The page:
Asian shares trade higher, US dollar near two-month highs

by Jonathan Adams
MSCI

MSCI’s broadest index of Asia-Pacific shares outside Japan edged up 0.01 per cent, Hang Seng index advanced 0.53 per cent, KOSPI rose 0.16 per cent, while Nikkei added 0.31 per cent

Shares in Asia edged higher Friday but were set for a weekly loss, while the US dollar was near two-month highs as the US Fed projected interest rate hikes in 2023.

While the Fed messaging did not indicate an end to supportive policy measures such as bond-buying, investors were concerned amid signals of faster-than-expected rate hikes.

MSCI’s broadest index of Asia-Pacific shares outside Japan was barely above water in morning trade after four sessions in the red, edging up 0.01 per cent. Hong Kong’s Hang Seng index advanced 0.53 per cent and Seoul’s KOSPI rose 0.16 per cent. Chinese blue chips fluctuated between gains and losses, and were last down 0.1 per cent. Japan’s Nikkei added 0.31 per cent.

Gold prices edged higher but were still set for their worst week since March 2020. Spot gold was last up 0.56 per cent at $1,783.21 per ounce.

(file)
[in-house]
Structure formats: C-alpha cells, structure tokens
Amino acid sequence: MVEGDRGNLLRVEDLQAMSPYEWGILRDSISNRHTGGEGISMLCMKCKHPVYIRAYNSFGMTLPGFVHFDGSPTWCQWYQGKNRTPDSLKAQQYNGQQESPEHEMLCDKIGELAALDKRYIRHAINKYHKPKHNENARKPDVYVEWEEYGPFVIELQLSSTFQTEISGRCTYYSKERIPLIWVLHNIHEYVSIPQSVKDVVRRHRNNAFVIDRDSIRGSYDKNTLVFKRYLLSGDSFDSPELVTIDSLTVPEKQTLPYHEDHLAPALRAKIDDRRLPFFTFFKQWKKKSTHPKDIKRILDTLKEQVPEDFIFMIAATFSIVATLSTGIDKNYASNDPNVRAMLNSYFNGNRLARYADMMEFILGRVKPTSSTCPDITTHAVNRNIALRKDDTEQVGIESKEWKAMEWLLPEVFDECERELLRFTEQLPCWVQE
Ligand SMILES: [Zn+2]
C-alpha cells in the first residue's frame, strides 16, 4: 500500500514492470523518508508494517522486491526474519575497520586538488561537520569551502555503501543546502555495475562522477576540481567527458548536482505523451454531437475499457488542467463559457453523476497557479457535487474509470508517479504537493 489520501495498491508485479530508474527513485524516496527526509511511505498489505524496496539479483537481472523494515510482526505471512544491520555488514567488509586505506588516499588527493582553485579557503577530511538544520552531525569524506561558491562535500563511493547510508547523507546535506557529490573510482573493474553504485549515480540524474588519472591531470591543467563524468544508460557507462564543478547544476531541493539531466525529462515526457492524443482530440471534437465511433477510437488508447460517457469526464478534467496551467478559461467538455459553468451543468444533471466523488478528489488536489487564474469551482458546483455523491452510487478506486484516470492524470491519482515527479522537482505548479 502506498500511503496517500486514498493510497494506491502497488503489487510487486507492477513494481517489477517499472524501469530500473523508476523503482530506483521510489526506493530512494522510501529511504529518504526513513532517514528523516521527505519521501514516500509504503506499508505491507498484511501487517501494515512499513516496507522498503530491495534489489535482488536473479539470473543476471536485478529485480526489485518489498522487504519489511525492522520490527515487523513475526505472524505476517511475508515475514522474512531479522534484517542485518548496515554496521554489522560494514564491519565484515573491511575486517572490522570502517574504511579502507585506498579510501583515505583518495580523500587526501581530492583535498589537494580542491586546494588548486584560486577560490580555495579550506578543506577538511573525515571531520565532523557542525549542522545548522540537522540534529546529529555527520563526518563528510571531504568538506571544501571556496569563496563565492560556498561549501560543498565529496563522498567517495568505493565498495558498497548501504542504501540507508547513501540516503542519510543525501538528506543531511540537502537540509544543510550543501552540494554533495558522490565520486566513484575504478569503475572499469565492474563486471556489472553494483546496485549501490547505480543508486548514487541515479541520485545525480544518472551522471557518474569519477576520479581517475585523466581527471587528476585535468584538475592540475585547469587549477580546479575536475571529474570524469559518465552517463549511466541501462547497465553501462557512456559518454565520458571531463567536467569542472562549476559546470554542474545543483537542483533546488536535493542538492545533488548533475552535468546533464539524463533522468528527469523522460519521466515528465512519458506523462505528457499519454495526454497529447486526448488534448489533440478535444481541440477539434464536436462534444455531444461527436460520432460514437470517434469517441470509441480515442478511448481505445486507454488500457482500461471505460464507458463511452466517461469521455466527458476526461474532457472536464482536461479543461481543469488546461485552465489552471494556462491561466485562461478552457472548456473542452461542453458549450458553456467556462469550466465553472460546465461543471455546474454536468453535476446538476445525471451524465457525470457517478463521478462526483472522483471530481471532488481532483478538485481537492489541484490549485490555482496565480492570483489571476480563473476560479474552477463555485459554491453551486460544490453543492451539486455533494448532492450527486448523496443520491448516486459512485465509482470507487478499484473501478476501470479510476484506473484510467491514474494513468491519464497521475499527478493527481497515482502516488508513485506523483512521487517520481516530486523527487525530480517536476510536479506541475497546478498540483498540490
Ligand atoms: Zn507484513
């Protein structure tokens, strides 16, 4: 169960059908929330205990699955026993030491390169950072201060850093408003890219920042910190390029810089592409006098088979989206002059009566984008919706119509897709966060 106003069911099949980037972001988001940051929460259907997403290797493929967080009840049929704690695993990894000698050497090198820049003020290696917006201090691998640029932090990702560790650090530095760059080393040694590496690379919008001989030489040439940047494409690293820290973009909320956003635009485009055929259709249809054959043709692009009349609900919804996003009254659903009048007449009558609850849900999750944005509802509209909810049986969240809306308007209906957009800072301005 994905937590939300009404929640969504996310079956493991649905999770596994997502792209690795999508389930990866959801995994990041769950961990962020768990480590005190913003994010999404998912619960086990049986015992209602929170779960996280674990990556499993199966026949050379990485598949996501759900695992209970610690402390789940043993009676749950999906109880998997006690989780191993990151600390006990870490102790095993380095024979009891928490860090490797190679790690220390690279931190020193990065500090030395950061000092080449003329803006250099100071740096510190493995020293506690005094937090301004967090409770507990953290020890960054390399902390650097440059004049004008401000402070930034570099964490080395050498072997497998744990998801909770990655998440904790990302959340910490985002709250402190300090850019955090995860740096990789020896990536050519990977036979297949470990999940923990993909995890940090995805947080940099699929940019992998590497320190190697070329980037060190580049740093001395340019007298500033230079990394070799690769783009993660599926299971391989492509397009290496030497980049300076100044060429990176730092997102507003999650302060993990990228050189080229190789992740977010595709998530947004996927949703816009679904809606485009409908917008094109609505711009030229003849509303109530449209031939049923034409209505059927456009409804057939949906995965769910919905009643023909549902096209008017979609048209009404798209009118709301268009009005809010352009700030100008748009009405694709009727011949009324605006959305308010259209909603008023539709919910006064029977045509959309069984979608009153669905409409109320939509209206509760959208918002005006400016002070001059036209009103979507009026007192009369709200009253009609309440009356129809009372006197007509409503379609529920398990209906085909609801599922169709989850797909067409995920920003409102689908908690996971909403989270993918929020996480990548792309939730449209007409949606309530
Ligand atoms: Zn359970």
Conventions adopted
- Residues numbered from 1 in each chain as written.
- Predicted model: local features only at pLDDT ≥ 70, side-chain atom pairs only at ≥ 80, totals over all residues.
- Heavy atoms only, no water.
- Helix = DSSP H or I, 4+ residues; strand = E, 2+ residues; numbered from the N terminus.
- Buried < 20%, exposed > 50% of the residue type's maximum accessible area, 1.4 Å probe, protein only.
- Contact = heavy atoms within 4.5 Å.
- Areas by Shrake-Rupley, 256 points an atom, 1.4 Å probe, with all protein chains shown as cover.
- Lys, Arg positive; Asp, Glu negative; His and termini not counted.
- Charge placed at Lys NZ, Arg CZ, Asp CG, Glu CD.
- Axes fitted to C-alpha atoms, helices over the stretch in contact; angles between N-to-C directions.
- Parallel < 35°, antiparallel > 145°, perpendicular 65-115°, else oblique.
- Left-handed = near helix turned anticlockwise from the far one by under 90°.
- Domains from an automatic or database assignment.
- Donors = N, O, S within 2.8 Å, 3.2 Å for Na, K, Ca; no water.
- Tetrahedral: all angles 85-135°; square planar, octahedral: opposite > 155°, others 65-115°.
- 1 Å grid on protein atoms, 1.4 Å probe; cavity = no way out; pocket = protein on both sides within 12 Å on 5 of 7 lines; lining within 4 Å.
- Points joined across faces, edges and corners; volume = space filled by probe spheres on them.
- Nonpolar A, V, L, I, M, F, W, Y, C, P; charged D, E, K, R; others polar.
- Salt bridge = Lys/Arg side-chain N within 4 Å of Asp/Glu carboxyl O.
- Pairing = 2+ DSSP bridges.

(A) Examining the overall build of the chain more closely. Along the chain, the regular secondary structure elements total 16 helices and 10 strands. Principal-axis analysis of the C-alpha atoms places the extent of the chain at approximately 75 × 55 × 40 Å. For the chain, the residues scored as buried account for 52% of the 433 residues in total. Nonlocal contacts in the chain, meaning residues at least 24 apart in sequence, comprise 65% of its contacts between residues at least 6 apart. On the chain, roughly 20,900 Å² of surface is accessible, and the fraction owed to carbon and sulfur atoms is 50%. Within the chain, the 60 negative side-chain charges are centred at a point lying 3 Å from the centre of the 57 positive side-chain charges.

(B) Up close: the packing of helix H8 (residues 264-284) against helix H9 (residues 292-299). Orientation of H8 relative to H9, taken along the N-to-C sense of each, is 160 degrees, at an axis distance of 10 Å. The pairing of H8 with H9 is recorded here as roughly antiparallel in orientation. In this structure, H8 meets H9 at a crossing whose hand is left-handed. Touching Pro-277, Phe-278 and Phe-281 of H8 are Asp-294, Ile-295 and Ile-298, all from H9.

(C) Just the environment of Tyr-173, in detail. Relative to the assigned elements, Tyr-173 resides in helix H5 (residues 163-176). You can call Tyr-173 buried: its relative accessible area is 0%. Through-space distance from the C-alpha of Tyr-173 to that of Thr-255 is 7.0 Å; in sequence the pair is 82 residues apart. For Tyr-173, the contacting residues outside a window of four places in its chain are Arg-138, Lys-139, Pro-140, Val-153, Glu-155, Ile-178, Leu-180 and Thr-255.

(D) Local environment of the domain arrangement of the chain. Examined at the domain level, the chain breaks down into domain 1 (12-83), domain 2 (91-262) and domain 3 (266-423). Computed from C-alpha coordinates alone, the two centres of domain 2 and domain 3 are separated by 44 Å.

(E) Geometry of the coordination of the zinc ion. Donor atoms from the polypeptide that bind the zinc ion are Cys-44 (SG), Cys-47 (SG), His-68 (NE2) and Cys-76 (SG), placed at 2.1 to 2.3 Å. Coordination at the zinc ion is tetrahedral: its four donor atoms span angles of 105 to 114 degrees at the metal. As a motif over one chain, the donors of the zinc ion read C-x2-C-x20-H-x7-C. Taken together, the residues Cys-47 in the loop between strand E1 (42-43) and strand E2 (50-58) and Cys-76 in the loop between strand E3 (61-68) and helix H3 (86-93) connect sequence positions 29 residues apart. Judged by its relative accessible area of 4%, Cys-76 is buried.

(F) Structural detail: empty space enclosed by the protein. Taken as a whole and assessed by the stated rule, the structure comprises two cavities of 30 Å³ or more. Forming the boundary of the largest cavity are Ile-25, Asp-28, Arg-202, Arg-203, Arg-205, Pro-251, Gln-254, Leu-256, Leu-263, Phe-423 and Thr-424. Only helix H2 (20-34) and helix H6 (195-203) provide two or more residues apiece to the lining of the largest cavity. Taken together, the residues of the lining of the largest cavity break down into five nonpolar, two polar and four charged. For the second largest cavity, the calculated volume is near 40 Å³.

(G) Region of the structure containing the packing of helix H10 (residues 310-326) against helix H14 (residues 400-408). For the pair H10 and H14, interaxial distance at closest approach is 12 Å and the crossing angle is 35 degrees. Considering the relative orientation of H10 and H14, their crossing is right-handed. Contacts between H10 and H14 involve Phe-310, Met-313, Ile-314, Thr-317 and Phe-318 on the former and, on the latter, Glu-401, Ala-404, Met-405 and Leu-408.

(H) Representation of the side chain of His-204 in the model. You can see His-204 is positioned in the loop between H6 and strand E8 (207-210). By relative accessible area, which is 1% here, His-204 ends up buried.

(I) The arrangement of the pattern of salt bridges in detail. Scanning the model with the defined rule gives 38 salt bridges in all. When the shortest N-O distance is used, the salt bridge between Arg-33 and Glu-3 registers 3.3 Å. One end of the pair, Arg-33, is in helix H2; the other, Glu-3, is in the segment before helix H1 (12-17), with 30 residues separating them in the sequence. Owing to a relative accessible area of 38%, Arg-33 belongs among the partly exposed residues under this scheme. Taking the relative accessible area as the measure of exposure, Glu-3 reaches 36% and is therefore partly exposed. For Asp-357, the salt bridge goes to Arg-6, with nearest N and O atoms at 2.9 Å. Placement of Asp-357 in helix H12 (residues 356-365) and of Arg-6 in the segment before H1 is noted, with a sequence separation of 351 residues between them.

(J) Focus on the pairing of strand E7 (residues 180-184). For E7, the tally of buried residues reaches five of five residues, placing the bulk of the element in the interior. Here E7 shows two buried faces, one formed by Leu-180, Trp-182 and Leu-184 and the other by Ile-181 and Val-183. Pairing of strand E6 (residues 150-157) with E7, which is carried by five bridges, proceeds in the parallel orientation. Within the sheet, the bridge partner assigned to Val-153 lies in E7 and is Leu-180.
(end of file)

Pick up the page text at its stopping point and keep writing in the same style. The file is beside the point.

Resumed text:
What is pretty obvious is that the inflation genie is starting to sneak out of the bottle, and that will be a major driver of interest rates in the short to medium term, said James McGlew, executive director of corporate stockbroking at Argonaut in Perth.

Adding to indications of a rebound in the world’s largest economy, new US data on Thursday showed growing factory activity and declining unemployment numbers despite an unexpected rise in weekly jobless claims.

Technology stocks were higher Thursday on hopes for a strong US recovery, lifting the Nasdaq Composite up0.87 per cent. But the broader market was down on worries about inflation and higher rates, with the S&P 500 inching down 0.04 per cent, while the Dow Jones Industrial Average (DJIA) dropped 0.62 per cent

While wage-price dynamics and inflation expectations are sticking to the Fed’s script, if they were to go off script even a bit, policymakers will need to pull forward when they begin and how quickly they normalise monetary policy, Mark Zandi, an economist with Moody’s Analytics, said in a note. While this is a tricky balance the Fed must ultimately manage in every business cycle, it is happening much earlier in this one.

US Treasury yields continued to rise on expectations of higher inflation. Benchmark 10-year notes yielded 1.5226 per cent, up from a close of 1.511 per cent on Thursday. The 30-year bond last yielded 2.1105 per cent.



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